So, the question is, what should a customer be looking for in a COTS solution?

The first step is to approach the term realistically. No solution will meet 100% of a company’s needs out of the box (OOTB). However, it should not be unreasonable to set a lower target of 75%, and optimistically look for greater than 80% of your functional requirements. The challenge is to evaluate whether the requirements that are presented in a demonstration are in fact included in the basic software system. Most of the LIMS vendors have been demonstrating their systems for years, and are prepared to show what their systems are “capable” of doing. This will frequently include custom functionality that is NOT delivered as part of the core product, and is not documented or supported. Critical evaluation of the true OOTB capabilities of a system must discriminate between what a system is “capable” of and what it truly delivers.

In the pharmaceutical industry, there are several areas that have represented challenges for LIMS systems in the past that are excellent indicators of the scope and true capabilities of the basic product.

Product and batch management

Most LIMS systems are sample oriented. In order to accurately connect samples to a product of interest, many fields are typically added to the sample tables in the database to include information like potency, product identification, formulation type, and more. For a pharmaceutical LIMS system to be truly useful OOTB, it should manage drug products and drug substances independently, then simply relate the samples to those products. The same is true of manufacturing batches; these should be independent entities, with their own set of properties, and be related to samples that represent those batches.

Dissolution (USP 711) and drug release (USP 724)

There are several common tests in the USP and other national pharmacopeias that require multiple stages and logic for evaluating the results of the testing but dissolution is one of the most common, and most commonly lamented.

  • Can the software easily handle multiple analytes and multiple timepoints when designing dissolution test methods and processing dissolution data?
  • Does the software understand Q values and how to handle them?
  • Does the software provide the flexibility to deviate from the USP guidelines where required?
  • Are additional testing stages automatically created based on the collected results?

Stability testing

Most LIMS vendors that target the pharmaceutical industry have some kind of stability functionality available. However, it can sometimes be too rigid to adapt to the reality of stability testing, particularly during R&D. Special considerations include:

  • Can stability studies be altered easily to include additional timepoints or conditions?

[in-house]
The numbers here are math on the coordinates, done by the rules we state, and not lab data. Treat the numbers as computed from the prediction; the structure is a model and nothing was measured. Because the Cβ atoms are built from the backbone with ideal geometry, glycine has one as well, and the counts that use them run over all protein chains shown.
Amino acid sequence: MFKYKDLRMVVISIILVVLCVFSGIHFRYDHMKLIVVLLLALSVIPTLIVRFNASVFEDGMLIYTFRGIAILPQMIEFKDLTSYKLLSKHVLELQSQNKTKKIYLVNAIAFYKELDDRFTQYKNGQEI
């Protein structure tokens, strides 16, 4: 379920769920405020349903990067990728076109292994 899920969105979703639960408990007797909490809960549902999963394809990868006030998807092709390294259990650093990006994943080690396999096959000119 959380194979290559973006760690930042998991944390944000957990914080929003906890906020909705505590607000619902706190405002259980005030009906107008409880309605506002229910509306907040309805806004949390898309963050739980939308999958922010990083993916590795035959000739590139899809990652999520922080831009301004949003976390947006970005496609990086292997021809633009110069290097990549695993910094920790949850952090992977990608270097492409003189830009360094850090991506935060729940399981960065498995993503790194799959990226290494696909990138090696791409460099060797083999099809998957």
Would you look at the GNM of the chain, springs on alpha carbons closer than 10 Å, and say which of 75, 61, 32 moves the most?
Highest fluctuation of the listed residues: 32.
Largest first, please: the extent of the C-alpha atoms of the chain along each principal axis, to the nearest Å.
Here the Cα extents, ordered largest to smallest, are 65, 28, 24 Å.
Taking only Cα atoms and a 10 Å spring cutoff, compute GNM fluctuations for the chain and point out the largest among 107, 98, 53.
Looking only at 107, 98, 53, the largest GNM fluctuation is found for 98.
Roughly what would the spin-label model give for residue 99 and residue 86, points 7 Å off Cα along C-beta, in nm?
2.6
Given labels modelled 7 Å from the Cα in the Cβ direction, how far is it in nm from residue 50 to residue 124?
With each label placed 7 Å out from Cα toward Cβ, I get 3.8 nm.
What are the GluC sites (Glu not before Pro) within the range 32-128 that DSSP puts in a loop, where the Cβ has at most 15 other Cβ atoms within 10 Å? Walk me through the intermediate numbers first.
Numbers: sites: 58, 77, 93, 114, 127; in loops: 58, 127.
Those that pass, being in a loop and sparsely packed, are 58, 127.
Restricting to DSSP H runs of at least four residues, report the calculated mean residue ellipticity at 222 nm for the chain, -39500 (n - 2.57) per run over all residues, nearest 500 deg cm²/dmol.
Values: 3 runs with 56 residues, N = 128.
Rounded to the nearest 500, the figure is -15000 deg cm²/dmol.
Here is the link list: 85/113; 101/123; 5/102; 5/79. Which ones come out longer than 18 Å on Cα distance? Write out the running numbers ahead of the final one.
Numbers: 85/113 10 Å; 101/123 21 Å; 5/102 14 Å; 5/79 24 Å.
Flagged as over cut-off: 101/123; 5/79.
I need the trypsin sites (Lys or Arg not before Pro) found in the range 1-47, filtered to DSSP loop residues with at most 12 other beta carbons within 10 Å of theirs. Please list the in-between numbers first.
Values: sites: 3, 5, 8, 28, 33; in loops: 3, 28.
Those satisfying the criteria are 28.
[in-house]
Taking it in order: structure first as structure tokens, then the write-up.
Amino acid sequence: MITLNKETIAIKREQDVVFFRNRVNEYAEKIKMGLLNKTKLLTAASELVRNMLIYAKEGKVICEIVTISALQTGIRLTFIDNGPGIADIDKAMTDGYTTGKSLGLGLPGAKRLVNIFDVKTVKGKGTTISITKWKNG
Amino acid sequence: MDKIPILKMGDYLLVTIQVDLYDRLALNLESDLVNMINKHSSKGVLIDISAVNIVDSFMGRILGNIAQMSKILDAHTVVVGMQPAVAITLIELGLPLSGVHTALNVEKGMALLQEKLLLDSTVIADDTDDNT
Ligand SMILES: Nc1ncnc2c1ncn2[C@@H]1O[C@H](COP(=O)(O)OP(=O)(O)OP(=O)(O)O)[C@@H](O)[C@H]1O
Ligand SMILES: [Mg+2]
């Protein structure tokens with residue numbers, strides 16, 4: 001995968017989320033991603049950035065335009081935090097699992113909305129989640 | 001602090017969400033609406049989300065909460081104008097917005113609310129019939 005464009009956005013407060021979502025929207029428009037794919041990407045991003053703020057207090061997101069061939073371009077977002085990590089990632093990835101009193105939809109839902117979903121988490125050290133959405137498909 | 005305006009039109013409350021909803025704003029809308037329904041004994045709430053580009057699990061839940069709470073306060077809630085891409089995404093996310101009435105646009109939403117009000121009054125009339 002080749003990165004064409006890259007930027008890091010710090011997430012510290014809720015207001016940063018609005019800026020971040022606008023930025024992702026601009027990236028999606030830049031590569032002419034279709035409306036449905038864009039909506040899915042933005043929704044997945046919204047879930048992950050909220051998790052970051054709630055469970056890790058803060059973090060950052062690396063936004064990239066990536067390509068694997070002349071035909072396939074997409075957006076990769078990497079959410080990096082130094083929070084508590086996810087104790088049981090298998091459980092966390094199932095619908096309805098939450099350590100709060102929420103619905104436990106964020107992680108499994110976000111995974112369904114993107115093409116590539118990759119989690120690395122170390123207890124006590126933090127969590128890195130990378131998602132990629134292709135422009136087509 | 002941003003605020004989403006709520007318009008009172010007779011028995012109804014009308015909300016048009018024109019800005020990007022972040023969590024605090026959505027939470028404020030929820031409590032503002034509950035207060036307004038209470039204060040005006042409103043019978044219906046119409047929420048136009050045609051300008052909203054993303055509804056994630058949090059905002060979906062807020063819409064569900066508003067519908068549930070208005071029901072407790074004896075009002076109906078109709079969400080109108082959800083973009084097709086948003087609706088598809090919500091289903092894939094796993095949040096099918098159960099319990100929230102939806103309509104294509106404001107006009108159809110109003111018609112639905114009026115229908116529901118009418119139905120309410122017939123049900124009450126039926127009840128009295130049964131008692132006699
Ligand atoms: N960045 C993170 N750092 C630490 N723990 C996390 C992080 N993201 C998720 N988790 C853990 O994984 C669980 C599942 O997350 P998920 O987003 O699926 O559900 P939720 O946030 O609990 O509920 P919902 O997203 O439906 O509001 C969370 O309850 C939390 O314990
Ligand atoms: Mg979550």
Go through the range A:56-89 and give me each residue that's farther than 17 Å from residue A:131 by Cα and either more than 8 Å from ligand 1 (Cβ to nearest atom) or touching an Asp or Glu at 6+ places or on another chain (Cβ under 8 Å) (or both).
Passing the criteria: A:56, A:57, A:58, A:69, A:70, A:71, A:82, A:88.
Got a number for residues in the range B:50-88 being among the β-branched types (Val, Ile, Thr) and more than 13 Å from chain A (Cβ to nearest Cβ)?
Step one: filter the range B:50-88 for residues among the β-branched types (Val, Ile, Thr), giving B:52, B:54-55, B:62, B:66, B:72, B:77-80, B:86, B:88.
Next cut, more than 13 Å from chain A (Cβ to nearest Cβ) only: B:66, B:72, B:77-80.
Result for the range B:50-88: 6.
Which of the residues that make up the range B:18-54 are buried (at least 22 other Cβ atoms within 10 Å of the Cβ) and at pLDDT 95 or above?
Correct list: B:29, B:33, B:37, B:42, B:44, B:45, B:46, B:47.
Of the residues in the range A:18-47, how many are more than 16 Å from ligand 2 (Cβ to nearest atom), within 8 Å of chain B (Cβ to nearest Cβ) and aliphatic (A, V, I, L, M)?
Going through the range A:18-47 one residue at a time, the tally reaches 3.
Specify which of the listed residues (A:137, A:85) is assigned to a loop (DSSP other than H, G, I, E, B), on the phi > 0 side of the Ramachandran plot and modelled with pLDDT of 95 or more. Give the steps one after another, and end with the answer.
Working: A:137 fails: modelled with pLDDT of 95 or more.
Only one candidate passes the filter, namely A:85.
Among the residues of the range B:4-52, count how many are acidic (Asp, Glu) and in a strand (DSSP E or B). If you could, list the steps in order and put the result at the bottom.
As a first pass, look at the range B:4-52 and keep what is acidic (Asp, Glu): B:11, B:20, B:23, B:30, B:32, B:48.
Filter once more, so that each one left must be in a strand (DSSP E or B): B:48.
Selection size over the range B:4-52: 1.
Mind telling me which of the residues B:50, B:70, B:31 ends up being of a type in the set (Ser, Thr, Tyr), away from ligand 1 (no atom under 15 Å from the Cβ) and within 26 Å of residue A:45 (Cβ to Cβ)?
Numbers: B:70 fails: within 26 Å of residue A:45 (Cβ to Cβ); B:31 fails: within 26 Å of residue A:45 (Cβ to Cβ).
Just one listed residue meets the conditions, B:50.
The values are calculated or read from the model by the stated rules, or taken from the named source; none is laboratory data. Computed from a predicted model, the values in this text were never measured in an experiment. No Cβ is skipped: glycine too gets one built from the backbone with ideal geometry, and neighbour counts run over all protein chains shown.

• Can stability studies easily reference release data as time zero results?
  • Can inventory material be easily tracked and managed?
  • Can multiple packages be simultaneously evaluated, in multiple orientations?
System extensibility

As previously mentioned, no system will be able to satisfy 100% of a customer’s needs. With that in mind, it is important that the vendor provide capabilities to configure and, if necessary, customize the solution.

  • What configuration abilities exist?
    • Approval lifecycles?
    • Status cascades?
    • Security options?
  • Are there tools to extend the system without programmatic code?
    • Adding new properties and new entities?
    • Designing new GUI screens?
  • Does the system employ an industry standard programming environment when customization is necessary? Proprietary programming languages present significant challenges in terms of resource management.
Conclusion

Laboratory information management systems have clearly progressed significantly since their inception. However, much of their evolution has been realized in the capabilities they offer for customization. While many vendors now include the term COTS in their marketing materials, that claim is not always substantiated. The prudent pharmaceutical LIMS buyer should require clear evidence that there is truly applicable business functionality offered OOTB to avoid the need for extensive customization. There are specific areas that can be examined to determine how capable a system is by reviewing not only software demonstrations, but also available supporting documentation and support offerings to differentiate between what a LIMS is “capable” of, and what it truly delivers off-the-shelf.

Categories: Laboratory Technology

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Managing a Core Imaging Facility

Published: October 1, 2006